It’s time, once again for the Monday Message Board. As usual, civilised discussion and absolutely no coarse language, please.
Anatol Rapoport has died at the age of 95. Among many contributions, perhaps his most widely-known was the Tit-for-Tat rule for repeated games of the Prisoner’s Dilemma, embodied in a four-line program Rapaport successfully entered in a contest run by Robert Axelrod. Rapoport’s program co-operates inititially, and thereafter matches the other player’s last action, defecting in response to a defection, and returning to co-operation if the other player does so. There’s more here from Tom Slee.
The fact that the American Enterprise Institute (currently funded by ExxonMobil, but not for much longer it seems) is offering $10K a pop to scientists and economists willing to attack the IPCC report is all over the press and the blogosphere (a PDF scan of one of the letters has been posted here. I was alerted by David Adamson, who pointed me to this Courier-Mail report citing the Guardian. It’s striking to think that when I started blogging in 2002, the AEI was still widely respected.
Meanwhile Brad DeLong has suggested that he and I should put our hands up for the cash. Since we are closely familiar with all the main denialist arguments, it would be money for jam after all. Sad to say, this appears to be an invitation-only offer and neither Brad nor I is on the list. In any case as radek points out in comments
10K seems like a pretty low amount to pay for a shredded reputation. Unless, I guess, you ain’t got much reputation to begin with. Even market forces, politics and ideology aside, predict that whatever comes out will be of extremely low quality. You get what you pay for.
Of course, this applies equally to anyone willing to hire AEI itself.
In related shenanigans, another recipient of the ExxonMobil cash spigot, the Fraser Institute (whose efforts on this point are headed by the egregious Ross McKitrick) is holding an event on Monday in London, aimed at discrediting the IPCC. The Fraser Institute report has already been leaked and dissected at DeSmogBlog, which suggests that Fraser may be fronting for AEI. Any readers who happen to be in London might want to roll up and join the Rent-a-crowd there. No guarantee that you’ll get paid for attendance only, though.
And on the lighter side, the search engine on the White House website has been rigged to return no results for searches on “global warming”
The much-leaked report of the Intergovernmental Panel on Climate Change will be released today (this evening our time). As everyone knows, it will conclude that it is very likely (more than 90 per cent) that human activity is the main cause of observed global warming. The IPCC best estimate of the impact of business as usual is an increase of around 3 degrees C relative to preindustrial levels by 2100.
There’s still room for debate over the central estimate, particularly regarding the projections of CO2 emissions. For example, the population growth projections used in the estimate are probably too high. On the other hand, I doubt that some feedback effects like bushfires have been fully taken into account. And the climate models themselves are still being refined. Still, it doesn’t seem likely that the estimates are going to be changed much by another 5 years of data and improved modelling, so we can probably take this estimate as settled for the moment.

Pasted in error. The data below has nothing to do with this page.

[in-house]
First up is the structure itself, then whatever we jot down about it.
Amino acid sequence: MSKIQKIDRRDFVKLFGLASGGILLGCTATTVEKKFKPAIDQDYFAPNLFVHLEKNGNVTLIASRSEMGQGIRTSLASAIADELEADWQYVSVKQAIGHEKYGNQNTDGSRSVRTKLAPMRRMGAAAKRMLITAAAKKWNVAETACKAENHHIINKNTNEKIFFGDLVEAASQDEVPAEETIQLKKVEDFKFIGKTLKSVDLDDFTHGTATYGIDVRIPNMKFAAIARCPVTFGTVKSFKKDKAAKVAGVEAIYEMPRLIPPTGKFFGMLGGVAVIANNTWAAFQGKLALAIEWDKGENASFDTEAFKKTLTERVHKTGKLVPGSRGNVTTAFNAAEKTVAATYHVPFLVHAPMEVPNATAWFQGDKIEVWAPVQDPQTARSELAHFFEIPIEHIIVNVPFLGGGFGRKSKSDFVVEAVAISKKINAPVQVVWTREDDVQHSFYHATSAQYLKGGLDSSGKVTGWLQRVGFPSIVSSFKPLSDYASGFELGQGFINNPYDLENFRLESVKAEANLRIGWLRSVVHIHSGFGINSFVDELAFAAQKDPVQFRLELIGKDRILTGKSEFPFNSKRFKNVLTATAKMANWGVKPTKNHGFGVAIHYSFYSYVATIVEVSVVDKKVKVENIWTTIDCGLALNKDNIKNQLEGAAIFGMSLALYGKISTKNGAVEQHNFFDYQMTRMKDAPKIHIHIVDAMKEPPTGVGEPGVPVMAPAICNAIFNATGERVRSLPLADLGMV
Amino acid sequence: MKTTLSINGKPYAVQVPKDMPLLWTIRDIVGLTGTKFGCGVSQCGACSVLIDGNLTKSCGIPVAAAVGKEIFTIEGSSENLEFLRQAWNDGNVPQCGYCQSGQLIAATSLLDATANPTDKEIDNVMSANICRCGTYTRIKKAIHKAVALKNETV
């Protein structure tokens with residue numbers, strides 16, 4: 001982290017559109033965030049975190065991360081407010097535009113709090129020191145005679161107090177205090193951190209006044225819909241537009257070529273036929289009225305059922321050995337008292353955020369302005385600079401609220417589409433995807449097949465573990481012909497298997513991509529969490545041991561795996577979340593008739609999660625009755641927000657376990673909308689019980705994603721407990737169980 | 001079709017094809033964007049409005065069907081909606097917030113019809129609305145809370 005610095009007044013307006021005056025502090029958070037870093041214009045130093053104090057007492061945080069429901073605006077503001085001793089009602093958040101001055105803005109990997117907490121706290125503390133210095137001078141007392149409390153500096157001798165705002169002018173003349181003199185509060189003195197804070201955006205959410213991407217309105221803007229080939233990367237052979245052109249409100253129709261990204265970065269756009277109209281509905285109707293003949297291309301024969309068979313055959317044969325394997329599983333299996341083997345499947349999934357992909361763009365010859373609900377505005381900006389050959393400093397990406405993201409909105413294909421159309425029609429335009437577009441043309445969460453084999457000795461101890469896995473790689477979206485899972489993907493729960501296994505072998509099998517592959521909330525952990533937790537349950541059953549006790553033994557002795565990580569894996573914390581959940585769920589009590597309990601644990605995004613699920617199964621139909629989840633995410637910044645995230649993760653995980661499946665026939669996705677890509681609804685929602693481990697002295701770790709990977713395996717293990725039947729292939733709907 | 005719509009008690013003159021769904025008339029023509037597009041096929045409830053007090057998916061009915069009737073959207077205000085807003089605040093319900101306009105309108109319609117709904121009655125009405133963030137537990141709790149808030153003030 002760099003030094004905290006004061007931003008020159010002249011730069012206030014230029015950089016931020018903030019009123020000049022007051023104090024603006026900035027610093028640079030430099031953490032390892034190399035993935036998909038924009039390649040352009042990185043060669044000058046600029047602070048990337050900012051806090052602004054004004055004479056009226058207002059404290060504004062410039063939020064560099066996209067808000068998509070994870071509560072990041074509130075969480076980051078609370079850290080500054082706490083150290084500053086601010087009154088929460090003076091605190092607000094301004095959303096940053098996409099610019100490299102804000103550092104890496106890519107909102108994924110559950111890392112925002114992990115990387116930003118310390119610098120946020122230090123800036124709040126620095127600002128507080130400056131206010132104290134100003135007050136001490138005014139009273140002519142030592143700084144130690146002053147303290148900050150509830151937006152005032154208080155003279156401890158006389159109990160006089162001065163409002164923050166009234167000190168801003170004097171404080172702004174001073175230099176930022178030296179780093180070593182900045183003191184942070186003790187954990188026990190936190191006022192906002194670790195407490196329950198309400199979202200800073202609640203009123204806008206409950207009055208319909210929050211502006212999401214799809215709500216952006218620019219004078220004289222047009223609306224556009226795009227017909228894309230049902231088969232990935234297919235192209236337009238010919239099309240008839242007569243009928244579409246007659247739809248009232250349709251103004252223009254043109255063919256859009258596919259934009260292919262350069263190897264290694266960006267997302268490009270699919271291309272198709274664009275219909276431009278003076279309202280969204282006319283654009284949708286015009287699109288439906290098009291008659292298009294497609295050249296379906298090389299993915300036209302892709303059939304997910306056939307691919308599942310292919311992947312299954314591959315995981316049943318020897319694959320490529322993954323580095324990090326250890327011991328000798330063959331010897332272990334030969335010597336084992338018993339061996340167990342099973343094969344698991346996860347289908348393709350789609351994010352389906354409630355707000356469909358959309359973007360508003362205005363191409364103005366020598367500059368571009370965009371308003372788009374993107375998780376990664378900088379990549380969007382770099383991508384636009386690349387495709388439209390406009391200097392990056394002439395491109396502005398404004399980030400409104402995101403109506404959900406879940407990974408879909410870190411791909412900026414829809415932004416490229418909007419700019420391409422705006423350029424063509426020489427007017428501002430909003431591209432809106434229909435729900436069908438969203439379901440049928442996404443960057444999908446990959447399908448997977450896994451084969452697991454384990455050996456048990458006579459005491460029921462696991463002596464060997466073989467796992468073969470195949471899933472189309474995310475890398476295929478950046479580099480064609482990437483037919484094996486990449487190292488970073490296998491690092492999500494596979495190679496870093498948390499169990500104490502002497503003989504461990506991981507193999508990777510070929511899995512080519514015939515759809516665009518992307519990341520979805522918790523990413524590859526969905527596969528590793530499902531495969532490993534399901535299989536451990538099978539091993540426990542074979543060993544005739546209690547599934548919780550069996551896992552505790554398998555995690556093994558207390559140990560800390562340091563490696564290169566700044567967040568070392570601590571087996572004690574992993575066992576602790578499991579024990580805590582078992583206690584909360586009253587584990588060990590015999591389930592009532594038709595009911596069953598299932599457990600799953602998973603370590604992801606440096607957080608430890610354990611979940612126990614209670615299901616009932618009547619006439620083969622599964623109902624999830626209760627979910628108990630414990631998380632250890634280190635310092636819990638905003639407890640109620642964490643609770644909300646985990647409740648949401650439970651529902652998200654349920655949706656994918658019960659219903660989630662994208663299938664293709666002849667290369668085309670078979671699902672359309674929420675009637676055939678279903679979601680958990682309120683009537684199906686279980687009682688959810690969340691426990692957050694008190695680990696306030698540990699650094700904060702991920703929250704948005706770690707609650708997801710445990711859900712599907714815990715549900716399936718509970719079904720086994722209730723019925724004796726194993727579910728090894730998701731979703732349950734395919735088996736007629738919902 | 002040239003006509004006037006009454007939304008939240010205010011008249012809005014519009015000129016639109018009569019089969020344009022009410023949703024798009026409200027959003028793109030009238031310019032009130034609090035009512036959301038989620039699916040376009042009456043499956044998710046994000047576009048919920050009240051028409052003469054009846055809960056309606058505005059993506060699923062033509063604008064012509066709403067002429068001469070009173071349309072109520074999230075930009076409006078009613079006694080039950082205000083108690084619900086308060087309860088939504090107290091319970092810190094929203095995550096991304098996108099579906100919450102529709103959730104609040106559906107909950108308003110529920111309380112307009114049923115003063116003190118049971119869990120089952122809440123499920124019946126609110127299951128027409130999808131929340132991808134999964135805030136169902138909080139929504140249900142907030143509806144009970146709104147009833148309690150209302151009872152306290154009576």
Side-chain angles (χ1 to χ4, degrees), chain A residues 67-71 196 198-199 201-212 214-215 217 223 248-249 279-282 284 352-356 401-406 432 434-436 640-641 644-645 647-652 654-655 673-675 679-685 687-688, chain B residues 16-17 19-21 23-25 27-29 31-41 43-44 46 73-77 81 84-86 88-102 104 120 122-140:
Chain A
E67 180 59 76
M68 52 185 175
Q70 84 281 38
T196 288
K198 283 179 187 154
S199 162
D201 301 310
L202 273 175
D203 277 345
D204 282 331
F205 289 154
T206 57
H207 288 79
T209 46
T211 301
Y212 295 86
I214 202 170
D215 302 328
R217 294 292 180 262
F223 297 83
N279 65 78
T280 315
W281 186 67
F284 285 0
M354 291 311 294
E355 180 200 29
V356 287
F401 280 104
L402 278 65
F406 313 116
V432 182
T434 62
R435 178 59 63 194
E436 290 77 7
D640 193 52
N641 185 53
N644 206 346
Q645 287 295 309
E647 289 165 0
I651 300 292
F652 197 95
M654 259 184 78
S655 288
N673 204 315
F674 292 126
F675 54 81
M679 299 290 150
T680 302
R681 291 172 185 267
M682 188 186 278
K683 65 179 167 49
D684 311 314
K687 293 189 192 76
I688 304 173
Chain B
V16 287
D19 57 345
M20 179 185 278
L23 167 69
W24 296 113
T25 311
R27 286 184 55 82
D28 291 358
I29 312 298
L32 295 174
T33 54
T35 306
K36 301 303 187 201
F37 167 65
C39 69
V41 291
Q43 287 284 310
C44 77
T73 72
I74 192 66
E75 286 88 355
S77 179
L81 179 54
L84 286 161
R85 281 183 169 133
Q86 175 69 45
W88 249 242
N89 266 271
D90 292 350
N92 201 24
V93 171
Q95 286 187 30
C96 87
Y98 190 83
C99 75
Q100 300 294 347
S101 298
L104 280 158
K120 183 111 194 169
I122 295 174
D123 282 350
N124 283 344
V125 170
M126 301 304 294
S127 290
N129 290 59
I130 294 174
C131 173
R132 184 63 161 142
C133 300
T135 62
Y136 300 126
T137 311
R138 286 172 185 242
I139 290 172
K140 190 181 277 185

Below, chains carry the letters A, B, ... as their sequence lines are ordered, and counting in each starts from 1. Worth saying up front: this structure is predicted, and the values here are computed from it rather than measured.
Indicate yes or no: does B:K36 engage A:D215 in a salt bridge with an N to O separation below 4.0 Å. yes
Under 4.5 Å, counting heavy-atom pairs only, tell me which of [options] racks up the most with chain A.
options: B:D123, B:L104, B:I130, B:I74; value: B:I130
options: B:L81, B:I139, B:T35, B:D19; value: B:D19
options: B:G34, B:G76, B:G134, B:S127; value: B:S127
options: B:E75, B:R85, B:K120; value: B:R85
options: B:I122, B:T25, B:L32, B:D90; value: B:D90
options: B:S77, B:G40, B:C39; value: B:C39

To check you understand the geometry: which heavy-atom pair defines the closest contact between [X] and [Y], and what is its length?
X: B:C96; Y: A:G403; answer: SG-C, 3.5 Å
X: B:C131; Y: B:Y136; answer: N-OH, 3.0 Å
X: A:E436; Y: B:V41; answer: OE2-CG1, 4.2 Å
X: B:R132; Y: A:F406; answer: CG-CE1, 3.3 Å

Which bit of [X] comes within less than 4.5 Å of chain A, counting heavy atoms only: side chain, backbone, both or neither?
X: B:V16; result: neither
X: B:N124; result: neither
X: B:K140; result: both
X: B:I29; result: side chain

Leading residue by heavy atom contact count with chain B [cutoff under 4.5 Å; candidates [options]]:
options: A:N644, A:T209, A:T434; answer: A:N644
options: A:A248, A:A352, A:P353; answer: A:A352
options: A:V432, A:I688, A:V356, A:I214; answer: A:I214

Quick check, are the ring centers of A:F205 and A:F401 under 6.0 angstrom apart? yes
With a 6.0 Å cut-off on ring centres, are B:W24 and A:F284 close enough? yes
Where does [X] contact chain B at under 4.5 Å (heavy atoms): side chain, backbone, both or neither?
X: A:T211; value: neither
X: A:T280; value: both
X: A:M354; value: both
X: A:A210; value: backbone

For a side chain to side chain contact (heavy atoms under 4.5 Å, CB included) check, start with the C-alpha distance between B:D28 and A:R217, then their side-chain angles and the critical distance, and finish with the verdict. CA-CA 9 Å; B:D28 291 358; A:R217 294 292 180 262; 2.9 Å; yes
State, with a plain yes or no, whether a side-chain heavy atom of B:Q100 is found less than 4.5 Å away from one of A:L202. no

In many ways, though, the real interest now is in the tails of the distribution. Most of the attention so far has been focused on the lower tail, representing the possibility that global warming will turn out to be modest or non-existent. Denialist arguments that the whole idea of anthropogenic global warming is wrong have received a lot of attention but have been thoroughly refuted by now. On the other hand, if all the questions now in doubt turned out the right way for us (forcings at the low end of estimates, feedbacks from water vapour and so on less positive, historical trends at the low end of the margin of error) and some factors we haven’t yet considered turned out to reduce warming, we could see lower numbers, small enough to make adaption rather than large-scale mitigation the best response (in hindsight).
But all these arguments are symmetrical. If warming could be slower than the best projections, it could also be faster. According to the ABC, the report says gains of up to 6.3 degrees can’t be ruled out, though this figure is from only one model, and does’t fit well with other data.
Although the probability distribution of possible outcomes is essentially symmetrical, however, this doesn’t mean that we can ignore the tails. This is because the costs of climate change grow much more than linearly with the rate of change. Let’s say, for illustrative purposes, that 3 degrees of warming would impose costs equivalent to a 5 per cent reduction in income. Taking account of a small probability (less than 10 per cent) that warming will be very modest, so that costs are zero, doesn’t change the analysis much. By contrast, 6 degrees of warming would be catastrophic – it’s equal to the change since the last Ice Age. Even a small probability of 6 degrees of warming (say 5 per cent)** would greatly increase the expected cost of warming. For plausible levels of risk aversion, the expected cost could be as much as 10 per cent of GDP. So the cost of warming is greatly affected by the probability of these extreme events, and this is an issue that is still unresolved.
** This number isn’t really crucial to the argument, but the lower the number the greater the relative importance of the low-probability tail events. A lot of published estimates, like those of Nordhaus and Tol are lower than this, but (as noted in the previous posts) these estimates impute trivial costs to the severe ecological damage that would inevitably arise with 3 degrees of warming.